Looking at how we can encourage business to embrace diversity and inclusion, the next panel comprised of young entrepreneurs who each in their own way, discussed how they have developed their businesses based on different themes of diversity and inclusion within the context of the LGBT community. Palis Pitsuttisarun, Founder of Prism, Jason Miao, Founder of Pacific Connect Group, and Ryan Figueiredo, Executive Director of Equal Asia Foundation, all found that diversity and inclusiveness in a startup ecosystem result in incredibly innovative ideas.
John Basnage, Managing Director, Full Circle Capital then followed. In reference to human capital in companies, he said ‘when you create a system that doesn’t use your resources fully, your business suffers.’ Mark Gilmour, Founder, Rising Brightly added that ‘the essence of being a true leader… is to be a true authentic version of yourself. Be honest about your shortcomings.’ Allyn Shaw, President and CTO at Recycle Track Systems, also said that ‘we often get so wrapped up in the products or the services we are creating’ that we forget to ask ourselves, ‘what benefits do your products and services have for the communities you serve?’ It is not just to make money – it has to have some sort of purpose. The team wants to have something to believe in.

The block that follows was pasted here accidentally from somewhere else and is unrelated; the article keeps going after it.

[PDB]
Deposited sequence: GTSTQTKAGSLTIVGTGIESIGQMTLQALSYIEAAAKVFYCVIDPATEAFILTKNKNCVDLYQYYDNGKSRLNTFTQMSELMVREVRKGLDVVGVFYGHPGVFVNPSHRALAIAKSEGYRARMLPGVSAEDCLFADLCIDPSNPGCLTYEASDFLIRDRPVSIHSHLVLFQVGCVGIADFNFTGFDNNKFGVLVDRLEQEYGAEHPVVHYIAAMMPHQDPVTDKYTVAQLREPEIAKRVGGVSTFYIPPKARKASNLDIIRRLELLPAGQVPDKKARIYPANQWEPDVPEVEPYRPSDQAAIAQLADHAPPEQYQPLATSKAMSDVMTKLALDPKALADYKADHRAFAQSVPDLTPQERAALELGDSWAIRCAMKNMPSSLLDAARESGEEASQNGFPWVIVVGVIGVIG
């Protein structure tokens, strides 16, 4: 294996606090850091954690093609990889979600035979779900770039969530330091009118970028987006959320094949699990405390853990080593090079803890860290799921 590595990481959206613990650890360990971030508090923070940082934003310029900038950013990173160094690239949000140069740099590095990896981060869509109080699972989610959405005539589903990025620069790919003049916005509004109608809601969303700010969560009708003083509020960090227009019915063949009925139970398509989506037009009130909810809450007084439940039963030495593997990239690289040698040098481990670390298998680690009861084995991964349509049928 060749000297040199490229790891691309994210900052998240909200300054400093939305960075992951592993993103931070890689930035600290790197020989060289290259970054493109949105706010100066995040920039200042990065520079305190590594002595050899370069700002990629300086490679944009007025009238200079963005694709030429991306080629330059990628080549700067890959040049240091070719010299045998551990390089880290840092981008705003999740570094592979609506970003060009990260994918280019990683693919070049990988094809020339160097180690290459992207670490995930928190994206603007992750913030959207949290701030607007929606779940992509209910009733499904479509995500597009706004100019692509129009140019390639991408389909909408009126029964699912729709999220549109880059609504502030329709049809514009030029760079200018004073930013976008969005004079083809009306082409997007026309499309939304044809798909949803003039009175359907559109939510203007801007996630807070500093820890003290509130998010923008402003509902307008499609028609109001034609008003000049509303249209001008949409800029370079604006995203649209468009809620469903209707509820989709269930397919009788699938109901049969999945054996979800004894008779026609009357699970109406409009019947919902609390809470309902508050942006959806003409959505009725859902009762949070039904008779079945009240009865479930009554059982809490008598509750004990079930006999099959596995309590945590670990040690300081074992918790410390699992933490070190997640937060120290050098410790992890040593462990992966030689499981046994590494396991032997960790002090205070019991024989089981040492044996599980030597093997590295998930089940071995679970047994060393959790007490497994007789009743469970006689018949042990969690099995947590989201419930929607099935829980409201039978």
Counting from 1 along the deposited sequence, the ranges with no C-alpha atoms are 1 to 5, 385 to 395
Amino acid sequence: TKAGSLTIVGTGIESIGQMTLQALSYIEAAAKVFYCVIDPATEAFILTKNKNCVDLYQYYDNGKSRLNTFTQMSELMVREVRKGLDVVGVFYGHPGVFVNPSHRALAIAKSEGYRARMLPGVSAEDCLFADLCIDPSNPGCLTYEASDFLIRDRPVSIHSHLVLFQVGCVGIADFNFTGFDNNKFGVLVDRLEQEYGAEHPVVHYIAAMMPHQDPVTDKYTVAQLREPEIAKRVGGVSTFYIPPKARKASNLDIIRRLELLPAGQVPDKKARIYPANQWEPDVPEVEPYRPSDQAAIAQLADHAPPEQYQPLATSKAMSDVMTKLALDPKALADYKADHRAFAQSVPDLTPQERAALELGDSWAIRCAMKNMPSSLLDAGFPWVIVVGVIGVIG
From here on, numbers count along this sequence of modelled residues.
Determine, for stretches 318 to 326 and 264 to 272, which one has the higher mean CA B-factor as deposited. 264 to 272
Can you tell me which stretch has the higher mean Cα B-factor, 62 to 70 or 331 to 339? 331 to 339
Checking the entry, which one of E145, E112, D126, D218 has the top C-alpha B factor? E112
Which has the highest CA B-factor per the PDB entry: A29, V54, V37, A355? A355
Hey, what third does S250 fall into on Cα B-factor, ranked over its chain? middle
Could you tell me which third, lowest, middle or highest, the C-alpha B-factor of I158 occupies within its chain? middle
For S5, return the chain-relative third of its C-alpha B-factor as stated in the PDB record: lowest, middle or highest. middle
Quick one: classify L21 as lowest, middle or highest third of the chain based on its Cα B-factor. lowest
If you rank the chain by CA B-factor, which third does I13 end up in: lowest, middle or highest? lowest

Iim Fahima Jachja, Founder and CEO of Queen Rides, an online-andoffline women empowerment platform in its fifth year has organically grown to having around 400,000 female users in the APAC region. She discussed how her business came about, starting with issues regarding safety, which snowballed into a movement offline and social campaign online, gathering awareness and attracting women to the platform. Her platform has eventually grown to a size that forced the government to get involved. Regarding Covid-19 and social entrepreneurships, she said ‘we won’t go back to the old normal. What we need to do is think ahead about what we are supposed to do in the next two years.
What lies ahead is a much bumpier road, especially for social entrepreneurs.’Ahmad Ashkar, CEO and Founder, Hult Prize Foundation, said ‘we don’t look to rebound. We are looking to be anti-fragile. It’s the best time it’s ever been to be an impact entrepreneur. The world has never needed us more.’